My daughter, Zarrie Allen, was approximately 80 miles from home, attending Sacramento State and completing her first year of college. Zarrie had dreams of becoming a nurse. We talked about her prospective classes for the following fall semester and how she would take an astrobiology course. We were both jazzed about her outlook on college and how she was growing into adulthood and ready to challenge herself.
Our last communication was on July 20, 2020, at 5:13 p.m. I’d sent Zarrie a text about COVID-19 stats in our home county and told her to be cautious by wearing masks, washing hands frequently, and keeping social distances. A few minutes later, I got a call from Zarrie’s phone, except, it was not Zarrie. There was a trembling, panicky voice on the other end, telling me that something terrible had happened to my daughter and that she might not make it.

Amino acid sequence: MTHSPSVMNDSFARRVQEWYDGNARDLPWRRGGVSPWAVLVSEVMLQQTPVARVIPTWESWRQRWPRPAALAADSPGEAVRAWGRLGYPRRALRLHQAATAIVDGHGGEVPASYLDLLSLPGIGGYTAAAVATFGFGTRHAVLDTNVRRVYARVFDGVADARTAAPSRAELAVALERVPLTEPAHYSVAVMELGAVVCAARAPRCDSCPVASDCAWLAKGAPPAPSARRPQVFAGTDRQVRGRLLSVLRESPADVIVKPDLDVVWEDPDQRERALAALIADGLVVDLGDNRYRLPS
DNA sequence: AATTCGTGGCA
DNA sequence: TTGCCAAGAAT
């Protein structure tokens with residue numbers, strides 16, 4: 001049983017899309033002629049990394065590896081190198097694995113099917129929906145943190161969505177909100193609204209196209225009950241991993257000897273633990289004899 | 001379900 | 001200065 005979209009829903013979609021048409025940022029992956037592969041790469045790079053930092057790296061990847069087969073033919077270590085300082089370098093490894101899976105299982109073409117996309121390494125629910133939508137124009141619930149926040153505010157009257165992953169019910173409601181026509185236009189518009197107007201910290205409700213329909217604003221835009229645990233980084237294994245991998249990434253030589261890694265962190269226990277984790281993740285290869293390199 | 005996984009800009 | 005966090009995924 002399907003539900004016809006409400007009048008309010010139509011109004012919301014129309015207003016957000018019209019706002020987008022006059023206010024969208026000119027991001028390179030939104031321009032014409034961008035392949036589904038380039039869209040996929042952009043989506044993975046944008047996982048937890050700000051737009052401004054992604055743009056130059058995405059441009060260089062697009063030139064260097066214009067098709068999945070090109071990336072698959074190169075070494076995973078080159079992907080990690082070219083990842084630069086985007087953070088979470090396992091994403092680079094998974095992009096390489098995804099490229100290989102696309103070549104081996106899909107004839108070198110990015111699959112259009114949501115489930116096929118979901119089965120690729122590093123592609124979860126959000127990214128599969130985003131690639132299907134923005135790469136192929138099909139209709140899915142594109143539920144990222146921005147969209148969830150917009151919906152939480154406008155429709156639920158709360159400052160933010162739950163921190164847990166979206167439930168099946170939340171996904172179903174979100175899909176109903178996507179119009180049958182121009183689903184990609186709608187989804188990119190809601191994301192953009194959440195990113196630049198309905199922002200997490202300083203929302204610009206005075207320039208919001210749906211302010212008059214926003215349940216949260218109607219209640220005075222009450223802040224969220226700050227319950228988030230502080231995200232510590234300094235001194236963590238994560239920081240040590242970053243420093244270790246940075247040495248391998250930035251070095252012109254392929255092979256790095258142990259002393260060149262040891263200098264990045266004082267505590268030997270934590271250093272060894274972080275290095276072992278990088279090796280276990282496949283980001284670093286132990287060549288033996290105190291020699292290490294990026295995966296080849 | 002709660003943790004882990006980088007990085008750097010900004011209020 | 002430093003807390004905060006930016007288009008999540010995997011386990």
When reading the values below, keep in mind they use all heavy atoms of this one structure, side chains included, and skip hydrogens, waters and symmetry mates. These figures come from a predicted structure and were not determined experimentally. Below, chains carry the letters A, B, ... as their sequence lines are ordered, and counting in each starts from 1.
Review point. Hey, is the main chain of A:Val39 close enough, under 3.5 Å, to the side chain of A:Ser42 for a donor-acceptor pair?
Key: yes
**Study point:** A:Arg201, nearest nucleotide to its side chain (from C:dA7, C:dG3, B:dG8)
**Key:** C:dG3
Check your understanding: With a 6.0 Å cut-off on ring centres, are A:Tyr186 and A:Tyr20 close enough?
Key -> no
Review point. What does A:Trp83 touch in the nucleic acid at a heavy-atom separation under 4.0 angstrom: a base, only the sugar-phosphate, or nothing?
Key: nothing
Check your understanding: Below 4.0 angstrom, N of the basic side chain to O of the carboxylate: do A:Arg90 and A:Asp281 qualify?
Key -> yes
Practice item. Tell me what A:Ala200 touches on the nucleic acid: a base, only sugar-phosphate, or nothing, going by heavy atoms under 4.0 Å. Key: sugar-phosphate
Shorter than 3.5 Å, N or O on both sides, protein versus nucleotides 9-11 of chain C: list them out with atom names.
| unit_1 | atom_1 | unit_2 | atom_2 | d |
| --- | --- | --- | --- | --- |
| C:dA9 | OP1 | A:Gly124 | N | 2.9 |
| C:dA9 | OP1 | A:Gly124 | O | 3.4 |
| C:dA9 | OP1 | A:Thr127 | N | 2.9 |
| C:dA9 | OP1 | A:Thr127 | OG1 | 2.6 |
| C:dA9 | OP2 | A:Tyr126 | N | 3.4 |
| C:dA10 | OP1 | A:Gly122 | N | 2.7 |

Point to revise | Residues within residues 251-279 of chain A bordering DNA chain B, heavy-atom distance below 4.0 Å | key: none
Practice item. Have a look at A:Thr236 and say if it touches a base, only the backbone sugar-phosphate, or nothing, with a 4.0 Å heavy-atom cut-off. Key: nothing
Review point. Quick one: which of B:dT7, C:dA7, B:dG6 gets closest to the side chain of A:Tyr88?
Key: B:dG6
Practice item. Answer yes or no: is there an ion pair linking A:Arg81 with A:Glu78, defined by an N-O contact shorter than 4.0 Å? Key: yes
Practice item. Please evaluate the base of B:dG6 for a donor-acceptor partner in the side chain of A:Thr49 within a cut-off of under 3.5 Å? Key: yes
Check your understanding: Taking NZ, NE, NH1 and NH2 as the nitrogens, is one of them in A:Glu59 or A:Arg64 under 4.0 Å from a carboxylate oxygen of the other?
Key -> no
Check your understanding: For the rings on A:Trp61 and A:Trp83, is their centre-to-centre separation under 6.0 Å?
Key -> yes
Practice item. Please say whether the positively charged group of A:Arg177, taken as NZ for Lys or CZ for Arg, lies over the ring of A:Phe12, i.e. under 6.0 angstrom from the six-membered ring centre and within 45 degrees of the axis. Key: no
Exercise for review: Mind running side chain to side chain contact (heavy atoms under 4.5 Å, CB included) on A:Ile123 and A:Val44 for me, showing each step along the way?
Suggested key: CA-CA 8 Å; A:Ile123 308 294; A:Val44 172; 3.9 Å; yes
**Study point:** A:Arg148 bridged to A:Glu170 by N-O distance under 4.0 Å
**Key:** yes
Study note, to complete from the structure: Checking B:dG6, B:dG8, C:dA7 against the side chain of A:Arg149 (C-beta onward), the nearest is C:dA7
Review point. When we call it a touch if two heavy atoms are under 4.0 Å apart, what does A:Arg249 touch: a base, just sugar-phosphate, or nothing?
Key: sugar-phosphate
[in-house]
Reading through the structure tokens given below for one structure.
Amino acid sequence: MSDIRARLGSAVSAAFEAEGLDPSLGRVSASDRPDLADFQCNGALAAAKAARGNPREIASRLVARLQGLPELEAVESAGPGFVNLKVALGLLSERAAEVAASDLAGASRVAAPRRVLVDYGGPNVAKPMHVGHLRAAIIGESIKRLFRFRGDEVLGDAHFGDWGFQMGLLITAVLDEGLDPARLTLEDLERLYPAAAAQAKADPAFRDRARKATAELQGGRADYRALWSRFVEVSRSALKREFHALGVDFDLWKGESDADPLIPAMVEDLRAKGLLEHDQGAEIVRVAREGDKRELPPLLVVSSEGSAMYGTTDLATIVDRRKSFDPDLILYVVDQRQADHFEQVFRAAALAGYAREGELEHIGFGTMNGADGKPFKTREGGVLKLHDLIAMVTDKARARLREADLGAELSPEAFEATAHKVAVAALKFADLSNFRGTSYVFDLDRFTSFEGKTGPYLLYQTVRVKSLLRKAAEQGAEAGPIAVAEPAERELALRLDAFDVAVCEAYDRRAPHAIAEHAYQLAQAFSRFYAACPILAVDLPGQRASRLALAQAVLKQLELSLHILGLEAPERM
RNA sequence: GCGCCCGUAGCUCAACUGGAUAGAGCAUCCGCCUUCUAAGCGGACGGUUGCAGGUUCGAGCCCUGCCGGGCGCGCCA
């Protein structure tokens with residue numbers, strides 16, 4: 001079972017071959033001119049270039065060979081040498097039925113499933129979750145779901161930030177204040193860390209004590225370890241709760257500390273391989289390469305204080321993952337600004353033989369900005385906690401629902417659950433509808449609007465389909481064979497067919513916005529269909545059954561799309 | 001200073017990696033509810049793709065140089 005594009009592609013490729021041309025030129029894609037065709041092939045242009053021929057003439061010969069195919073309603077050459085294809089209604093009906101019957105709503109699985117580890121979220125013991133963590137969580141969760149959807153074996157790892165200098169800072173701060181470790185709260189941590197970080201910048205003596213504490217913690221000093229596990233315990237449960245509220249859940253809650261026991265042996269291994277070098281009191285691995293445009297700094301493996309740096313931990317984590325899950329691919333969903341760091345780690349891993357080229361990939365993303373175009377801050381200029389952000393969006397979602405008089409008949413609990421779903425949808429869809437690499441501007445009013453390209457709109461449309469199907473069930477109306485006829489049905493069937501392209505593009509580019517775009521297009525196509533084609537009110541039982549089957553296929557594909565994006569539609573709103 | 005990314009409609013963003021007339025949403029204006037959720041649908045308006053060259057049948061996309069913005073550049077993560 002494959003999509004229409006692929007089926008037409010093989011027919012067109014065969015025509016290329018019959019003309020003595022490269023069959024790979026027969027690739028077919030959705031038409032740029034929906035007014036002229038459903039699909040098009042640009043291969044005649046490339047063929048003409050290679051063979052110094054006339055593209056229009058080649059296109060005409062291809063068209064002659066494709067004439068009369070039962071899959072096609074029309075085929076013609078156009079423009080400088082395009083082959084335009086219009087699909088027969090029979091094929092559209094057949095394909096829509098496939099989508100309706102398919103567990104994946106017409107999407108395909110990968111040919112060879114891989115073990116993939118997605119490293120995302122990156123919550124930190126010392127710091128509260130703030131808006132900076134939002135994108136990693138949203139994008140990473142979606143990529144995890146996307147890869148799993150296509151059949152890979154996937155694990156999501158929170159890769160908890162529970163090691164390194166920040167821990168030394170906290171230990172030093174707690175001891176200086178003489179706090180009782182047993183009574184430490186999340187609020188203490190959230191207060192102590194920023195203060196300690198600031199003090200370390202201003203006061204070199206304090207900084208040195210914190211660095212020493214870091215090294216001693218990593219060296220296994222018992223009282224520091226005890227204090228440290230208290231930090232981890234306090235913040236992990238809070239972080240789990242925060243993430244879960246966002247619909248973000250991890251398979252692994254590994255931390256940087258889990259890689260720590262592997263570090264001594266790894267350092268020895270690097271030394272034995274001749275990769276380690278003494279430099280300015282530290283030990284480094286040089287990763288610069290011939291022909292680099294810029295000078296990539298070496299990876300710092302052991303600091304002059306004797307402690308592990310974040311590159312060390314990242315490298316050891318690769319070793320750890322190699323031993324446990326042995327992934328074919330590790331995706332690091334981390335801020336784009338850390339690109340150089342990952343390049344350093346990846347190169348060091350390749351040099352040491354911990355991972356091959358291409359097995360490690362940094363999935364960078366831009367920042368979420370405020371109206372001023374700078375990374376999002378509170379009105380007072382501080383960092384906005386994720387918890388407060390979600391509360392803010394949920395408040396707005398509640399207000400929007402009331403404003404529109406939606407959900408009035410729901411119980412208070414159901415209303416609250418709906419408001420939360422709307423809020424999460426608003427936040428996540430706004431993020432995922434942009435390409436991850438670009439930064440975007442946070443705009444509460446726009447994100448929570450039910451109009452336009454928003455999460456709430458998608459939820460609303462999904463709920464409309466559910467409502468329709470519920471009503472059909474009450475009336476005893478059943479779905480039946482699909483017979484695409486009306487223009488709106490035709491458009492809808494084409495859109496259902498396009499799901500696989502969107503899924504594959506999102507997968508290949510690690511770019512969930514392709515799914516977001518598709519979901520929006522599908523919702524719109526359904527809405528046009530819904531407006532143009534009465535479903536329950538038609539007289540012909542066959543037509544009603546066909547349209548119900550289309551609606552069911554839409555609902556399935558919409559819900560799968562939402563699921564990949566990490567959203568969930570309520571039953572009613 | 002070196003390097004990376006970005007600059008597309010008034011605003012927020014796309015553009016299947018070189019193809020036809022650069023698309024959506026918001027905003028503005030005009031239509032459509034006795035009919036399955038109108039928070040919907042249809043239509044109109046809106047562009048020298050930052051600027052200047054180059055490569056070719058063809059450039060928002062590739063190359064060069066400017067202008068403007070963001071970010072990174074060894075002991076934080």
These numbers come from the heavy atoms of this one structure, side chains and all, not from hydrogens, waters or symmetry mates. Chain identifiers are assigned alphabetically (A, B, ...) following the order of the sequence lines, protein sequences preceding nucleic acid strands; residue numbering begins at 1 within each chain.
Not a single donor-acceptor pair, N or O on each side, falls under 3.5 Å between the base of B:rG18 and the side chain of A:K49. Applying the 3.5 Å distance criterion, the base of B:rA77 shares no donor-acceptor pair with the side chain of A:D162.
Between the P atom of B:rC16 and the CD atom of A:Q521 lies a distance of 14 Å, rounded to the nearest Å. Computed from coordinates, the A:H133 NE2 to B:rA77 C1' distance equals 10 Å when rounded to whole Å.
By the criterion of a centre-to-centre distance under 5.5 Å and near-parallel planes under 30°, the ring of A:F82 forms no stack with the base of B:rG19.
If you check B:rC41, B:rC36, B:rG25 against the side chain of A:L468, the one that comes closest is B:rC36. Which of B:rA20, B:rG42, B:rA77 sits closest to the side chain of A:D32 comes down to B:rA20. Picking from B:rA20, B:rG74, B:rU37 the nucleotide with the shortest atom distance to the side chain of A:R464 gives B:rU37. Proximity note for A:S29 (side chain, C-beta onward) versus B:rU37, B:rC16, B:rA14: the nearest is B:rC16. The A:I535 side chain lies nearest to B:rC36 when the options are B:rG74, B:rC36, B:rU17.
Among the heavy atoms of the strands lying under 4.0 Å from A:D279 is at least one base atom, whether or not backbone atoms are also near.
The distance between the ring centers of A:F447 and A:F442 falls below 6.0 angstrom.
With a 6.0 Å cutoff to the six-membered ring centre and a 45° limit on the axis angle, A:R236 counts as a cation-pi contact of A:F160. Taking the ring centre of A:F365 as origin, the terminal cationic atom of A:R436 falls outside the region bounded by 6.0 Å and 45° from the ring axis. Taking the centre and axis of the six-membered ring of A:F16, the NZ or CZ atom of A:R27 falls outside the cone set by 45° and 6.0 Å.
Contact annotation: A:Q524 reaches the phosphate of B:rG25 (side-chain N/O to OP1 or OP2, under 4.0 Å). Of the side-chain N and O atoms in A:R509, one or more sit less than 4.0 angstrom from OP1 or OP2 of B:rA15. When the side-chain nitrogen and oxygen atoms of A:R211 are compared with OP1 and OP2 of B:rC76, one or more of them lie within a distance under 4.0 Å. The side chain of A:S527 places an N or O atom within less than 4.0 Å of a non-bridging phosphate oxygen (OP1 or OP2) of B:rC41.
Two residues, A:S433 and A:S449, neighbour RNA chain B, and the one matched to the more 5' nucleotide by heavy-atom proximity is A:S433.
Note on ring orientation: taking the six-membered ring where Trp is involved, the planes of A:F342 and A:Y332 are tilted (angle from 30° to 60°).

Zarrie was shot and killed during a drive-by shooting while she was visiting a gravesite. She was not safe even in a public space such as a cemetery. I never thought my child would be the victim of gun violence or would die before me. No parent should have to bury their child.